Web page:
Irregular sleep patterns may be linked to harmful bacteria in your gut, new research suggests.
The study is the first to find multiple associations between social jet lag – the shift in internal body clock when sleeping patterns change between workdays and free days – and diet quality, diet habits, inflammation and gut microbiome (bacteria) composition.
According to the findings, even a 90-minute difference in the midpoint of sleep – half-way between sleep time and wake-up time – can encourage microbiome that has negative associations with health.
Previous research has suggested that working shifts disrupts the body clock and can increase risk of weight gain, heart problems and diabetes.
However, according to researchers from King’s College London there is less awareness that the body’s biological rhythms can be affected by smaller inconsistencies in sleeping patterns.
This is due to people working regular hours waking early with an alarm clock on workdays compared to waking naturally on non-workdays.
Senior author Dr Wendy Hall from King’s College London, said: “We know that major disruptions in sleep, such as shift work, can have a profound impact on your health.
“This is the first study to show that even small differences in sleep timings across the week seems to be linked to differences in gut bacterial species.
“Some of these associations were linked to dietary differences but our data also indicates that other, as yet unknown, factors may be involved.
“We need intervention trials to find out whether improving sleep time consistency can lead to beneficial changes in the gut microbiome and related health outcomes.”
First author Kate Bermingham, from King’s College London and senior nutrition scientist at ZOE, said: “Sleep is a key pillar of health, and this research is particularly timely given the growing interest in circadian rhythms and the gut microbiome.
“Even a 90-minute difference in the mid-point of sleep can encourage microbiota species which have unfavourable associations with your health.”
Researchers suggest the composition of the microbes in the gut may negatively or positively affect health by producing toxins or beneficial products.
Specific species of microbes can correspond to an individual’s risk of long-term health conditions such as diabetes, heart disease and obesity.
The microbiome is influenced by what food someone eats, which makes the diversity of the gut adjustable.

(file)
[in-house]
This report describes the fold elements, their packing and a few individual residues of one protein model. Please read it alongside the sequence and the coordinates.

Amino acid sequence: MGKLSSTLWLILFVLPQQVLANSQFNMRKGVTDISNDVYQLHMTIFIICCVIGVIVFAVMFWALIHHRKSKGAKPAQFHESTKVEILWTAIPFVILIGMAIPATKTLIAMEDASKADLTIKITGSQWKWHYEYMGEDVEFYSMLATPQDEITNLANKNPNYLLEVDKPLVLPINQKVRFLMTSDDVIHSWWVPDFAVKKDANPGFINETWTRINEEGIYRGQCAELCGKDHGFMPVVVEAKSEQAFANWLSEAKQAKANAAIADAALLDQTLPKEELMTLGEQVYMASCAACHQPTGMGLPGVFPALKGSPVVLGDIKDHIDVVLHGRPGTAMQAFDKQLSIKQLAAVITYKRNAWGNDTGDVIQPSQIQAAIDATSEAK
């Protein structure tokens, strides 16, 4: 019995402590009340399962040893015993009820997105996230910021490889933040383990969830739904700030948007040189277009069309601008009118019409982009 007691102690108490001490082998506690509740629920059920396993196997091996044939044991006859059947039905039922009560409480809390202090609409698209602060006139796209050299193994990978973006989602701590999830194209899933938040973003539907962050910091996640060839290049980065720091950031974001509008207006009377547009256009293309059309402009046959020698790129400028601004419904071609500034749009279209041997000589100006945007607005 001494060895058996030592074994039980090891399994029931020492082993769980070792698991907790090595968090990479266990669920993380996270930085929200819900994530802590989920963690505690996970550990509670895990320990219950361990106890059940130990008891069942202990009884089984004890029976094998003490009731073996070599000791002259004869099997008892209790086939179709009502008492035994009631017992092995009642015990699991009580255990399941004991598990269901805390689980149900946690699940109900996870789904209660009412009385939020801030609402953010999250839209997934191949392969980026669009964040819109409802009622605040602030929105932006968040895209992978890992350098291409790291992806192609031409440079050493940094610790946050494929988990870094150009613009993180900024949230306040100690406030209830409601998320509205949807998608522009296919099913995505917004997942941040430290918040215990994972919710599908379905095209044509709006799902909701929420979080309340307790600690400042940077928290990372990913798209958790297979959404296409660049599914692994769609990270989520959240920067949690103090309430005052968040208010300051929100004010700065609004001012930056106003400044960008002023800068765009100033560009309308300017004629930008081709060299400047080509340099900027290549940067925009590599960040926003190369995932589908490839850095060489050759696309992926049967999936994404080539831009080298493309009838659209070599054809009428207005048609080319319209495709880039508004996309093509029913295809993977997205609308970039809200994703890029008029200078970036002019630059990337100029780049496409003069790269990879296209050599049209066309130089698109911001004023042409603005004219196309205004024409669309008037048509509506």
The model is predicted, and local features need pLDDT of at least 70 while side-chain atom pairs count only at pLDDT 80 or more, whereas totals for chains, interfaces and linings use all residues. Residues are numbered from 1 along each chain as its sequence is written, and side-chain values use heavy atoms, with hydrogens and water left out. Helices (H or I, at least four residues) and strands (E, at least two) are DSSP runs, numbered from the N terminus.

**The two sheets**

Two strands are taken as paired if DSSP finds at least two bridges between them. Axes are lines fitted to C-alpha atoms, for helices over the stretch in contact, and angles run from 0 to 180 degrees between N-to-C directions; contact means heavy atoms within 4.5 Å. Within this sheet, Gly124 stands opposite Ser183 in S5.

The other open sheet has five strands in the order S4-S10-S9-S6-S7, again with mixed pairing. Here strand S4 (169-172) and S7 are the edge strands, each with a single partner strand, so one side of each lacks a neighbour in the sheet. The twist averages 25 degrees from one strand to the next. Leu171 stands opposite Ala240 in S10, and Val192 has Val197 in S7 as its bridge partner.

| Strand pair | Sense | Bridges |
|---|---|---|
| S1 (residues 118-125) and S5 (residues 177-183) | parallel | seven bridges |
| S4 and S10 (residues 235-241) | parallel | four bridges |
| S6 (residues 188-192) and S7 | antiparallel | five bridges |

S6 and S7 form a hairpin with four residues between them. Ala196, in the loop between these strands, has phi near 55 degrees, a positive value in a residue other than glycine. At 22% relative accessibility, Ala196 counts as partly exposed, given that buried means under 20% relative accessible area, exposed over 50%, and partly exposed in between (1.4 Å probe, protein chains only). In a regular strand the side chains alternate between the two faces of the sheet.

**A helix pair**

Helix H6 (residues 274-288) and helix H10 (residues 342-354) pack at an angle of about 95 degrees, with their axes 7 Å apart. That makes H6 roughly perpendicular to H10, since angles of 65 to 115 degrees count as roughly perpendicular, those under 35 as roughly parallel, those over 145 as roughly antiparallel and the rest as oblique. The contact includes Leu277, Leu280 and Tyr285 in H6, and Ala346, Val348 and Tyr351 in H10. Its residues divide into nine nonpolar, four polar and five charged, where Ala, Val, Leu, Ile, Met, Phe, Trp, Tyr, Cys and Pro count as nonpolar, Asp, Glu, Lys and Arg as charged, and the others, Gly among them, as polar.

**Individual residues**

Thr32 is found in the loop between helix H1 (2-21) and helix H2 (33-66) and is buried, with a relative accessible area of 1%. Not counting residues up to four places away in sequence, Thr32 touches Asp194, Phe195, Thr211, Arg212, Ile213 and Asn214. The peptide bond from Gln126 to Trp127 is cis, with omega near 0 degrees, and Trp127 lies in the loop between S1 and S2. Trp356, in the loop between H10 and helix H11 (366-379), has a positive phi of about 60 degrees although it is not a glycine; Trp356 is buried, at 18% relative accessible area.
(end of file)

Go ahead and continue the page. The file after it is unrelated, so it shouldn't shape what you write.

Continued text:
Researchers assessed a group of 934 people from the ZOE Predict study, the largest ongoing nutritional study of its kind.
They looked at blood, stool and gut microbiome samples, as well as glucose measurements in people whose sleep was irregular compared to those who had a routine sleep schedule.
Unlike past research, the group consisted of mainly lean and healthy individuals with most of them getting more than seven hours sleep throughout the week.
The study, published in The European Journal of Nutrition, found that just a 90-minute difference in the timing of the midpoint of sleep is associated with differences in what the gut microbiome is made up of.
According to the findings, having social jet lag was associated with lower overall diet quality, higher intakes of sugar-sweetened beverages, and lower intakes of fruits and nuts.
This may directly influence the abundance of specific microbiota in the gut, researchers say.
Three out of the six microbiota species more abundant in the social jet lag group have what researchers describe as unfavourable associations with health.
They are linked with poor diet quality, indicators of obesity and cardiometabolic health, like heart attack, stroke, and diabetes, and markers in your blood related to higher levels of inflammation and cardiovascular risk.
Previous research has found social jet lag is associated with weight gain, chronic illness and mental fatigue.
Dr Sarah Berry from King’s College London and chief scientist at ZOE added: “Maintaining regular sleep patterns, so when we go to bed and when we wake each day, is an easily adjustable lifestyle behaviour we can all do, that may impact your health via your gut microbiome for the better.